Back in March 2006, as the (then) typical mid-winter storm hit the Sierra Nevada mountains one Saturday morning, we decided to quickly pack up our camera gear and head out to Yosemite Valley to capture it. Route 140 being an all-season highway into the park made things easier, and the singular cop near Mariposa didn’t enforce any chains. The skies were a shadowy blue-gray when we entered the park at 11am, and by the end of the day had dumped more than 13 inches of snow on the valley floor. Being familiar visitors to the Valley, two things hit us the moment we hit the loop – a hushed silence and a complete lack of color.
The blanket of fresh snow had damped most of the echoes that would typically resonate due to the granite walls. We were walking through an anechoic chamber, occasionally livened up by the tapping of a woodpecker or the distant cry of a raven. And the burst of yellows, greens, oranges and blues that one has come to expect of the valley had been replaced by a stark monochrome landscape, disturbed only by a few rust leaves clinging on dearly to crisp bare branches or the artificial reds of human structures trying hard to peek through the white carpet. That night, icy winds cleaned up the valley of all clouds and fog. The following morning was crisp and clear, eventually setting the stage for one of the more spectacular sunsets we have witnessed.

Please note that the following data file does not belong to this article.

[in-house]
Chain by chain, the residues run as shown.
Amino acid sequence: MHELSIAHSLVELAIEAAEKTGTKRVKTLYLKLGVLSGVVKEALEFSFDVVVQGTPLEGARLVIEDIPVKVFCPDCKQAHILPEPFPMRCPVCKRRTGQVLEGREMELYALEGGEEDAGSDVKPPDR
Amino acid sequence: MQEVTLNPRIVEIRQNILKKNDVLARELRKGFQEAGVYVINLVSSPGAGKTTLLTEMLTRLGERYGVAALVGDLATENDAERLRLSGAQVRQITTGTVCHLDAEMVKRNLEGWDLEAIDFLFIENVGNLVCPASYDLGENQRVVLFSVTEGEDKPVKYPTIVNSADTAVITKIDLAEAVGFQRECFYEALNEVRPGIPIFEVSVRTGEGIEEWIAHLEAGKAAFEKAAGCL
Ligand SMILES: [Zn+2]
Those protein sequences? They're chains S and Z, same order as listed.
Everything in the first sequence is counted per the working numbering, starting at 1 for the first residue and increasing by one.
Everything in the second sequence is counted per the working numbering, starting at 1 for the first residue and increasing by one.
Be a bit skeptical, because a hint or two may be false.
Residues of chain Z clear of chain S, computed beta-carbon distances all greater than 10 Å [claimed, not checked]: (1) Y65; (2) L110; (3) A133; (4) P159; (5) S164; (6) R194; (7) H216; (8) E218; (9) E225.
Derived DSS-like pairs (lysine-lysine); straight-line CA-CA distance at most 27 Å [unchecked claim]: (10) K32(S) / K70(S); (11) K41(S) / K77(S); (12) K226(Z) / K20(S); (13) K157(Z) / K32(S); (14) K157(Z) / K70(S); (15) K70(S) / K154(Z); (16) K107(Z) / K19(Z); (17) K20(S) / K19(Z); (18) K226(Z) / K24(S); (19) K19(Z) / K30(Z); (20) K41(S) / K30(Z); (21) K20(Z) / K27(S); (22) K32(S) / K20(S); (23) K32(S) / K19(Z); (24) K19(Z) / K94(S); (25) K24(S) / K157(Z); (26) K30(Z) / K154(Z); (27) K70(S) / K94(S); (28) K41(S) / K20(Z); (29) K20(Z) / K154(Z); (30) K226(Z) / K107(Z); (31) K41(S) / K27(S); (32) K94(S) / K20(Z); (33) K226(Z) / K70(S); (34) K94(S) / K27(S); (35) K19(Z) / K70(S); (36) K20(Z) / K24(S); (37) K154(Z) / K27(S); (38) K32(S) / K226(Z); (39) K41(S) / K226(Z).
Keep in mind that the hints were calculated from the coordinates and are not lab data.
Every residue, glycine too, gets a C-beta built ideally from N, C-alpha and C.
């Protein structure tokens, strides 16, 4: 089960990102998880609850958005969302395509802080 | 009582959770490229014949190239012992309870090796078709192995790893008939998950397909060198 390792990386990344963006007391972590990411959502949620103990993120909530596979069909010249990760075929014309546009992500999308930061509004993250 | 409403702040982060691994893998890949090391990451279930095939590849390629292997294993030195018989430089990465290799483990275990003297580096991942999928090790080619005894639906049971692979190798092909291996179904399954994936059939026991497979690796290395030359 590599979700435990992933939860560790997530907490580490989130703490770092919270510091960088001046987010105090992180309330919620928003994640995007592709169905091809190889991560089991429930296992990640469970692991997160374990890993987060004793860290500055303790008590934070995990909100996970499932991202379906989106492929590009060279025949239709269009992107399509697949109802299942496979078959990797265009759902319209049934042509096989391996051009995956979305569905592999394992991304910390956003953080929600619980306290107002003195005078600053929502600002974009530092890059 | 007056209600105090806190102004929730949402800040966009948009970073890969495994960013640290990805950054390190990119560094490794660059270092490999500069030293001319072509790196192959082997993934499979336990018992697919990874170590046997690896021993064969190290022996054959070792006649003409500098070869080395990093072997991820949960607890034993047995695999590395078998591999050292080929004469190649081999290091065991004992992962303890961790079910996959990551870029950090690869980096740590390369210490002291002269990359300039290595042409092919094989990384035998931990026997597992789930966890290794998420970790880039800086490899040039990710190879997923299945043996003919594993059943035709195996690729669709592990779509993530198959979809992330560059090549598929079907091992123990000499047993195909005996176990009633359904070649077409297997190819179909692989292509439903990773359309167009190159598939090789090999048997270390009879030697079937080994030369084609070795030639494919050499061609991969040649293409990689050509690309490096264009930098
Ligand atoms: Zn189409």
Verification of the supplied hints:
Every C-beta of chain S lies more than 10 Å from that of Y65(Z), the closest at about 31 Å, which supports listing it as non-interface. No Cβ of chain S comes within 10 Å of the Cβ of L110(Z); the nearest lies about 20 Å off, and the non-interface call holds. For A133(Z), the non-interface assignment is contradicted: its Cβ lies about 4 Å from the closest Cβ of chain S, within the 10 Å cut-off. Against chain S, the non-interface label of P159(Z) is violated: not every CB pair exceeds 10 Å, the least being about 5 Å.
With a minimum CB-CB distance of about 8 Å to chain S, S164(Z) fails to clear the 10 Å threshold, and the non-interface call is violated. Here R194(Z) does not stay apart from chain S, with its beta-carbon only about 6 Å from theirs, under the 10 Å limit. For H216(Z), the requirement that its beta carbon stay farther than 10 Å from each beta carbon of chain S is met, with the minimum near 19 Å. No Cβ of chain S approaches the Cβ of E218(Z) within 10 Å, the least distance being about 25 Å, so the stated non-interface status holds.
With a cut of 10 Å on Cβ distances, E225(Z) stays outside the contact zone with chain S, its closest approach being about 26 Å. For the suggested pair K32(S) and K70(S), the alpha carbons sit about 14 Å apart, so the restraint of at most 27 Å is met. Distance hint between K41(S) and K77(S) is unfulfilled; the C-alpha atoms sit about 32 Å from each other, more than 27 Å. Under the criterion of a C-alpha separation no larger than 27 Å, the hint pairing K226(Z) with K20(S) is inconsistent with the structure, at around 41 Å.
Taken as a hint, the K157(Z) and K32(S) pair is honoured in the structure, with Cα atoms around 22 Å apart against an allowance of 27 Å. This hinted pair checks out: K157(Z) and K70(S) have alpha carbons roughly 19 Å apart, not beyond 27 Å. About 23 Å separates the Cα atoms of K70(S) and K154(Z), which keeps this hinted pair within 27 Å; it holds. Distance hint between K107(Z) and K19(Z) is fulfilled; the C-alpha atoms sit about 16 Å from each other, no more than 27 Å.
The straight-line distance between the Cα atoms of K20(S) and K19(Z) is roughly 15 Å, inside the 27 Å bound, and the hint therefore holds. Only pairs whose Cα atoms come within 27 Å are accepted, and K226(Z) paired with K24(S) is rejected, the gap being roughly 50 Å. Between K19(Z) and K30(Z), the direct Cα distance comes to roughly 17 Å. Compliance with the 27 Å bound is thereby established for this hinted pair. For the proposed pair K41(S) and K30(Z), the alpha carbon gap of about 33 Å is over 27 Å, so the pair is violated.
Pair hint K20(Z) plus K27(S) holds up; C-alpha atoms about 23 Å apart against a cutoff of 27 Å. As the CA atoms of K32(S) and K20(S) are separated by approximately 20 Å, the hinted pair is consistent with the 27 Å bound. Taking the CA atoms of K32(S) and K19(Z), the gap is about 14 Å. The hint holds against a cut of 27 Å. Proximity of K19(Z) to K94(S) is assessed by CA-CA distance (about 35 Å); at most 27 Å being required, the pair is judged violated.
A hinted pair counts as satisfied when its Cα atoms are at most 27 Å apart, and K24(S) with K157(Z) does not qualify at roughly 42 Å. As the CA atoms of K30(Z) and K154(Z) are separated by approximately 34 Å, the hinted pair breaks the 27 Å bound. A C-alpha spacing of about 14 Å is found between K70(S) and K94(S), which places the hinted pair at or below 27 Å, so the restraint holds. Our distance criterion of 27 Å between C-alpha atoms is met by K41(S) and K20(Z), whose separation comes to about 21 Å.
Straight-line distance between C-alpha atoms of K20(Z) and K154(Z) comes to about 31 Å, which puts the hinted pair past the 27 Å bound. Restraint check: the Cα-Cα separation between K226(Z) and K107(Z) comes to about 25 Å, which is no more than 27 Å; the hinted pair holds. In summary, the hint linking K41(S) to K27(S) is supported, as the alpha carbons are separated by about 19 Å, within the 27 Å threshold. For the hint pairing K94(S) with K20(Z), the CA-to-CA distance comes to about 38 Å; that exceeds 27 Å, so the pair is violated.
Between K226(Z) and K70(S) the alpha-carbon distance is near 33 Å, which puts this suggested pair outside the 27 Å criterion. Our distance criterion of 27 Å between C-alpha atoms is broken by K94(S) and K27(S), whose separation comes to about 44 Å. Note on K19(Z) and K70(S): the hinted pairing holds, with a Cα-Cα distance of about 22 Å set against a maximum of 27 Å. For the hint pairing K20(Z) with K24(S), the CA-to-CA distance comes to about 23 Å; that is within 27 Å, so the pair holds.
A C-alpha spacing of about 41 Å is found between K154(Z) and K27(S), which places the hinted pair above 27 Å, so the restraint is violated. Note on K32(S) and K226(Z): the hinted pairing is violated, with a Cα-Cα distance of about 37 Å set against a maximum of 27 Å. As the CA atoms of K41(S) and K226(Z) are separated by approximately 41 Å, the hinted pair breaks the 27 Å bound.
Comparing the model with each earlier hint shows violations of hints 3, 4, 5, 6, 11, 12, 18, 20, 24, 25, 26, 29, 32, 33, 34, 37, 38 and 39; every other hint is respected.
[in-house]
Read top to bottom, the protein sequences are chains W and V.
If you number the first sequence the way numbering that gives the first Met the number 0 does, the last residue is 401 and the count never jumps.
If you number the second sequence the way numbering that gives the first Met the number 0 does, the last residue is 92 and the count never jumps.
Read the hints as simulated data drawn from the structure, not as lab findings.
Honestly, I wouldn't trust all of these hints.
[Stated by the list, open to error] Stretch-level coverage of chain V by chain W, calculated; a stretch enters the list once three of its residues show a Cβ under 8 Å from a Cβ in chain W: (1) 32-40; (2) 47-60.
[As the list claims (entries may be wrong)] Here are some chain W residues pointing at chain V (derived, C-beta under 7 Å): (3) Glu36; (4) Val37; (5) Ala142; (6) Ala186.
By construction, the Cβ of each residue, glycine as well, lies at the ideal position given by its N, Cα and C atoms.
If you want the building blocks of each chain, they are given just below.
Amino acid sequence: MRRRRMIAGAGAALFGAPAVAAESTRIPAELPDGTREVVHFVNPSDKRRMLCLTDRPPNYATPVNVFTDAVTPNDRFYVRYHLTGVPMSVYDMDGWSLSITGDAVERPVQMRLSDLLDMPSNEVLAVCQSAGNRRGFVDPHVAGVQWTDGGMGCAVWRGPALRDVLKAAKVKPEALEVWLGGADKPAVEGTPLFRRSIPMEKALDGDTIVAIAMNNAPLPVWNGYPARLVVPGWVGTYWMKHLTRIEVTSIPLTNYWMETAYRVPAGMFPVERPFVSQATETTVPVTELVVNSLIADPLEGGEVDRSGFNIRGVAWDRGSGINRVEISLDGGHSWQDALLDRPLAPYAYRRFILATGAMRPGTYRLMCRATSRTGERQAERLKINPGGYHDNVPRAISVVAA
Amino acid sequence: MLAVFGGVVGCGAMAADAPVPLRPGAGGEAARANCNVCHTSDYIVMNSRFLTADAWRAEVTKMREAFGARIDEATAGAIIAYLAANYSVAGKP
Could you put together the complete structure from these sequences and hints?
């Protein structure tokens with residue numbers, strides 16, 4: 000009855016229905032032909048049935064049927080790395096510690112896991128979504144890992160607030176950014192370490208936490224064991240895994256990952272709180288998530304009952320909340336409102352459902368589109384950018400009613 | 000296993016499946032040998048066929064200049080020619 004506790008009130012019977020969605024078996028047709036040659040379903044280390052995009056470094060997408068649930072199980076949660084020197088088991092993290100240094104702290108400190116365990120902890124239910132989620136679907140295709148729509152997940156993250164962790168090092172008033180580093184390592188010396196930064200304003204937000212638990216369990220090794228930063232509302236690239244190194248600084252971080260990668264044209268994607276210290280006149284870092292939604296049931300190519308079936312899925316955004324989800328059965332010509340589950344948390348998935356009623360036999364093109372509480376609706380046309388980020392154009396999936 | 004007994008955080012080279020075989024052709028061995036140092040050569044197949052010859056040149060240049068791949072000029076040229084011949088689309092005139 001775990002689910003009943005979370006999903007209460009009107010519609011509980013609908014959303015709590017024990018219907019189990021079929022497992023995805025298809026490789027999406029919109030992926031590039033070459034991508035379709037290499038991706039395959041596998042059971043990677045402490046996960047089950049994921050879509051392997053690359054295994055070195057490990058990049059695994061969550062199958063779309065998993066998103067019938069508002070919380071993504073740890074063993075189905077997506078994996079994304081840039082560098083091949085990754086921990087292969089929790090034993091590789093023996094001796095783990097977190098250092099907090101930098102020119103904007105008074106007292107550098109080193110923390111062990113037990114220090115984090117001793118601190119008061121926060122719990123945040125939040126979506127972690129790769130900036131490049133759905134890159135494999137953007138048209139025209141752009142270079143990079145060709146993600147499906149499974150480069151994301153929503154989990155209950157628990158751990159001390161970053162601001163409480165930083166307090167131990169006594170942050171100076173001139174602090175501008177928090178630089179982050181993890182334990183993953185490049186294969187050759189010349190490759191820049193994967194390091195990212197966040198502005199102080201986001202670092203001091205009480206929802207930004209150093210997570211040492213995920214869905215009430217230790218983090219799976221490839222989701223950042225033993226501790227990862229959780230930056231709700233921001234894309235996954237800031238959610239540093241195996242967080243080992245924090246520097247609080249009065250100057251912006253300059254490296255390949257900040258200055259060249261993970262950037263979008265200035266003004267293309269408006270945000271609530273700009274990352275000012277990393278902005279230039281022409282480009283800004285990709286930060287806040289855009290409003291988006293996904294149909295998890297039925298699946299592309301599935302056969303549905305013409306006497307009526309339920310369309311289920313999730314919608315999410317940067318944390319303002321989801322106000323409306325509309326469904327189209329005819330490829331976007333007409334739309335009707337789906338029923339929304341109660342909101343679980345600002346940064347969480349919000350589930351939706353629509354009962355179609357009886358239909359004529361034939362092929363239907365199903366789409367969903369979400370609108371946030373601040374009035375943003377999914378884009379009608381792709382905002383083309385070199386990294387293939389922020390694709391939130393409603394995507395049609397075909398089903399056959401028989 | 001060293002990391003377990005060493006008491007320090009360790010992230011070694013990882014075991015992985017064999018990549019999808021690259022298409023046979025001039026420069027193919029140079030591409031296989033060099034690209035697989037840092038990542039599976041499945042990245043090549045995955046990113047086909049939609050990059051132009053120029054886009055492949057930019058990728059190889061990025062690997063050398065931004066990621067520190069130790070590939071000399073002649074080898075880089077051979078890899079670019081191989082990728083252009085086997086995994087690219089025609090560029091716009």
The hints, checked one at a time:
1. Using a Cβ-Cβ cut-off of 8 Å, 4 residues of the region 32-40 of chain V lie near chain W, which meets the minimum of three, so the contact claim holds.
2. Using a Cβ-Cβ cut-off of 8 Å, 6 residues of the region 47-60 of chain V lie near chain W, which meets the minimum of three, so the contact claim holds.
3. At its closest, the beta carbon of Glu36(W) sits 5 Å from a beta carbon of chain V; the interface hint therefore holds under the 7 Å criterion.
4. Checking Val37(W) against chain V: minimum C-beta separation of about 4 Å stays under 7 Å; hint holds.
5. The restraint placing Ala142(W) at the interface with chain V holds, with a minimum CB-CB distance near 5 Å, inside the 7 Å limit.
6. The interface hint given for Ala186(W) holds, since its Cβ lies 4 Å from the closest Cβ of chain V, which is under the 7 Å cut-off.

Since 2011, we have been trying to repeat the 2006 storm experience every year, quickly driving up to the park at the first sign of moisture in the air during the Feb-March timeframe, and have been consistently greeted by barren granite cliffs devoid of any powder and crackling dry underbrush. The Californian drought is more severe than one wishes to acknowledge and the Sierra snow pack has become a fairytale wish. Grand lakes in the Eastern Sierras are turning into dust bowls and one frequently comes across foliage graveyards like the one shown at the beginning of the post.
Our hunt for a white February continues.